mac79912

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    +1 it could be your mag.Limp wristing is also a common factor for new shooters missing.Is this your first handgun?
     

    Kbear

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    You literally have to look around the gun to see where you are hitting. And this was at five yards...

    Next time you shoot try this:
    • Turn your target over too the blank side and make a black dot about the size of a silver dollar.
    • From the 7yrd line shoot a 5rnd string aiming in on the black dot.
    • DO NOT look at your target to see where the rnds impact while shooting. Continue shooting whith your point of aim being the black dot until all 5 rnds are spent.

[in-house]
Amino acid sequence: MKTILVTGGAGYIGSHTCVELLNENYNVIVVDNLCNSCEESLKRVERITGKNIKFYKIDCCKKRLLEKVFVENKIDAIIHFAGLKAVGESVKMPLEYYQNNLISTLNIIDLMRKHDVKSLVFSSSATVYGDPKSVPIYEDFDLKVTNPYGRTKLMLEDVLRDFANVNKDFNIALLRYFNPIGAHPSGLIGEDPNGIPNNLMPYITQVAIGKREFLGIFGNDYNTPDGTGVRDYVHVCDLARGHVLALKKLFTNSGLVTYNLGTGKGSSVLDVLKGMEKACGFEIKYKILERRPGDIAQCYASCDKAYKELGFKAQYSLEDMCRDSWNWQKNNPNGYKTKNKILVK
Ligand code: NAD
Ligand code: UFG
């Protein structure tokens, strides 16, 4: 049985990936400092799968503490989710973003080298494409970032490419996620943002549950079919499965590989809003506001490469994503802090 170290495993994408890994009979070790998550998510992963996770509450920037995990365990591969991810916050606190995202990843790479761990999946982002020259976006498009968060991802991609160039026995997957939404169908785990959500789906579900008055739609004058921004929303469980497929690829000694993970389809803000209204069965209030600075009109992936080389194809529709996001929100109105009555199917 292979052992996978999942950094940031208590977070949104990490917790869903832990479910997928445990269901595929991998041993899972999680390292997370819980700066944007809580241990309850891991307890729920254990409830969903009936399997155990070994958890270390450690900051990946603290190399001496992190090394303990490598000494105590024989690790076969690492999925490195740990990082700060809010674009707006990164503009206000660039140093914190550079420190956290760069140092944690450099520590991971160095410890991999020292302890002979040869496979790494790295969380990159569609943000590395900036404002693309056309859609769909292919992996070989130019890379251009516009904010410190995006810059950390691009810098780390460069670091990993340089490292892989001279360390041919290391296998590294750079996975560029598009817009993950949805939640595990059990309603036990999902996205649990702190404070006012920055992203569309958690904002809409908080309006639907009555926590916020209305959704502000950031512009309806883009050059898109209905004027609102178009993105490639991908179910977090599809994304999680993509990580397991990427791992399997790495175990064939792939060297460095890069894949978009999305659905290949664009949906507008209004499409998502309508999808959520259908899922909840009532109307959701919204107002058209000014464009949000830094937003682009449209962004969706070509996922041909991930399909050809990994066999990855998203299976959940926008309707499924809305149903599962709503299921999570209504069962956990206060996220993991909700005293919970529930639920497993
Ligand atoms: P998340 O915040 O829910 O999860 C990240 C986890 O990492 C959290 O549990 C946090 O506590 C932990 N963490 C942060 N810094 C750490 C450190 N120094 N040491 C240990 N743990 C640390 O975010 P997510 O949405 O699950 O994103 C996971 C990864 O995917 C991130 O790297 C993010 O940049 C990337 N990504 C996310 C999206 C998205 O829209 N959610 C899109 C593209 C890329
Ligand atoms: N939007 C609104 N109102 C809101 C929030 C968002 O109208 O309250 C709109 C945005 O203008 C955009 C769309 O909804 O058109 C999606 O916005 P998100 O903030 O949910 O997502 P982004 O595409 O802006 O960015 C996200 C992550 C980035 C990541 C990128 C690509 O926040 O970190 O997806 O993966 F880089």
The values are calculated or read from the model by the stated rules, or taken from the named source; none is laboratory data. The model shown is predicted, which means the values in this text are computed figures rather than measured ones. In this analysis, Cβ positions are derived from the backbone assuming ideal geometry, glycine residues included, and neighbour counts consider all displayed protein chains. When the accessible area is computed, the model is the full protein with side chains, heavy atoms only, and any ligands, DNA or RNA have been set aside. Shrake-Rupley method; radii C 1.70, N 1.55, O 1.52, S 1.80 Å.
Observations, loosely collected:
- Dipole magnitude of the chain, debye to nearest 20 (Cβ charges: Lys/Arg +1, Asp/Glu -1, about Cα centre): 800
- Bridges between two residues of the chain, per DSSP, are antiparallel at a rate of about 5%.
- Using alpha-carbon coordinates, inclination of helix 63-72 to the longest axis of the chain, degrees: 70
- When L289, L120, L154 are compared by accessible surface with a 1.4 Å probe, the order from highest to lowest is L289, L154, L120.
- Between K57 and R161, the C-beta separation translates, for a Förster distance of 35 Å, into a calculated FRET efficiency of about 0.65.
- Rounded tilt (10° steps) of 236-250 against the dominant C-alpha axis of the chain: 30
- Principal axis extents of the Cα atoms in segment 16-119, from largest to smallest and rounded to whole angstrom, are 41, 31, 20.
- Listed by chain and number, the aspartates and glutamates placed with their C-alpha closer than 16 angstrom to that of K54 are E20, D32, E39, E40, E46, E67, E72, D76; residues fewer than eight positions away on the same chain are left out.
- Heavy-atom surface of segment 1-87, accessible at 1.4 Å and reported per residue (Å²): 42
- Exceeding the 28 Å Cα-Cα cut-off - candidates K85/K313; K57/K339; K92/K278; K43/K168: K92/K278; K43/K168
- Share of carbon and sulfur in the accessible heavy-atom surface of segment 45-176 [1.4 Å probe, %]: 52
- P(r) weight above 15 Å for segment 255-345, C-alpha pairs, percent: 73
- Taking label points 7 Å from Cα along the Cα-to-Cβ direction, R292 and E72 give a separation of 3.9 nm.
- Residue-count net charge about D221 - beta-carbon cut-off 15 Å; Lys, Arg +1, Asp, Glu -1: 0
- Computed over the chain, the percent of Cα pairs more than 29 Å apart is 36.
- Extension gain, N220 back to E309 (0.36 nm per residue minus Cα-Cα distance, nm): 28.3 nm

• If you have a 0 to 4 inch group a good distance from the point of aim, it's your weapon
    • If your target sooks like it was hit with buckshot, it's the shooter.
     

    smittysmith13

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    Oct 31, 2008
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    I sure appreciate all the input. I t is very helpful. I went back to the range yesterday and the pistol shot alot better. Did not experience any jams at all. I still do not like the way it shoots though. Compared to my Glock or my Para it does not shoot that good. Looking through the sights, you have to form an upside down T. I know this may not make since, but that is the best way I can describe it.
     

    SIG_Fiend

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    Smitty, here are a couple things you can try to help improve your accuracy.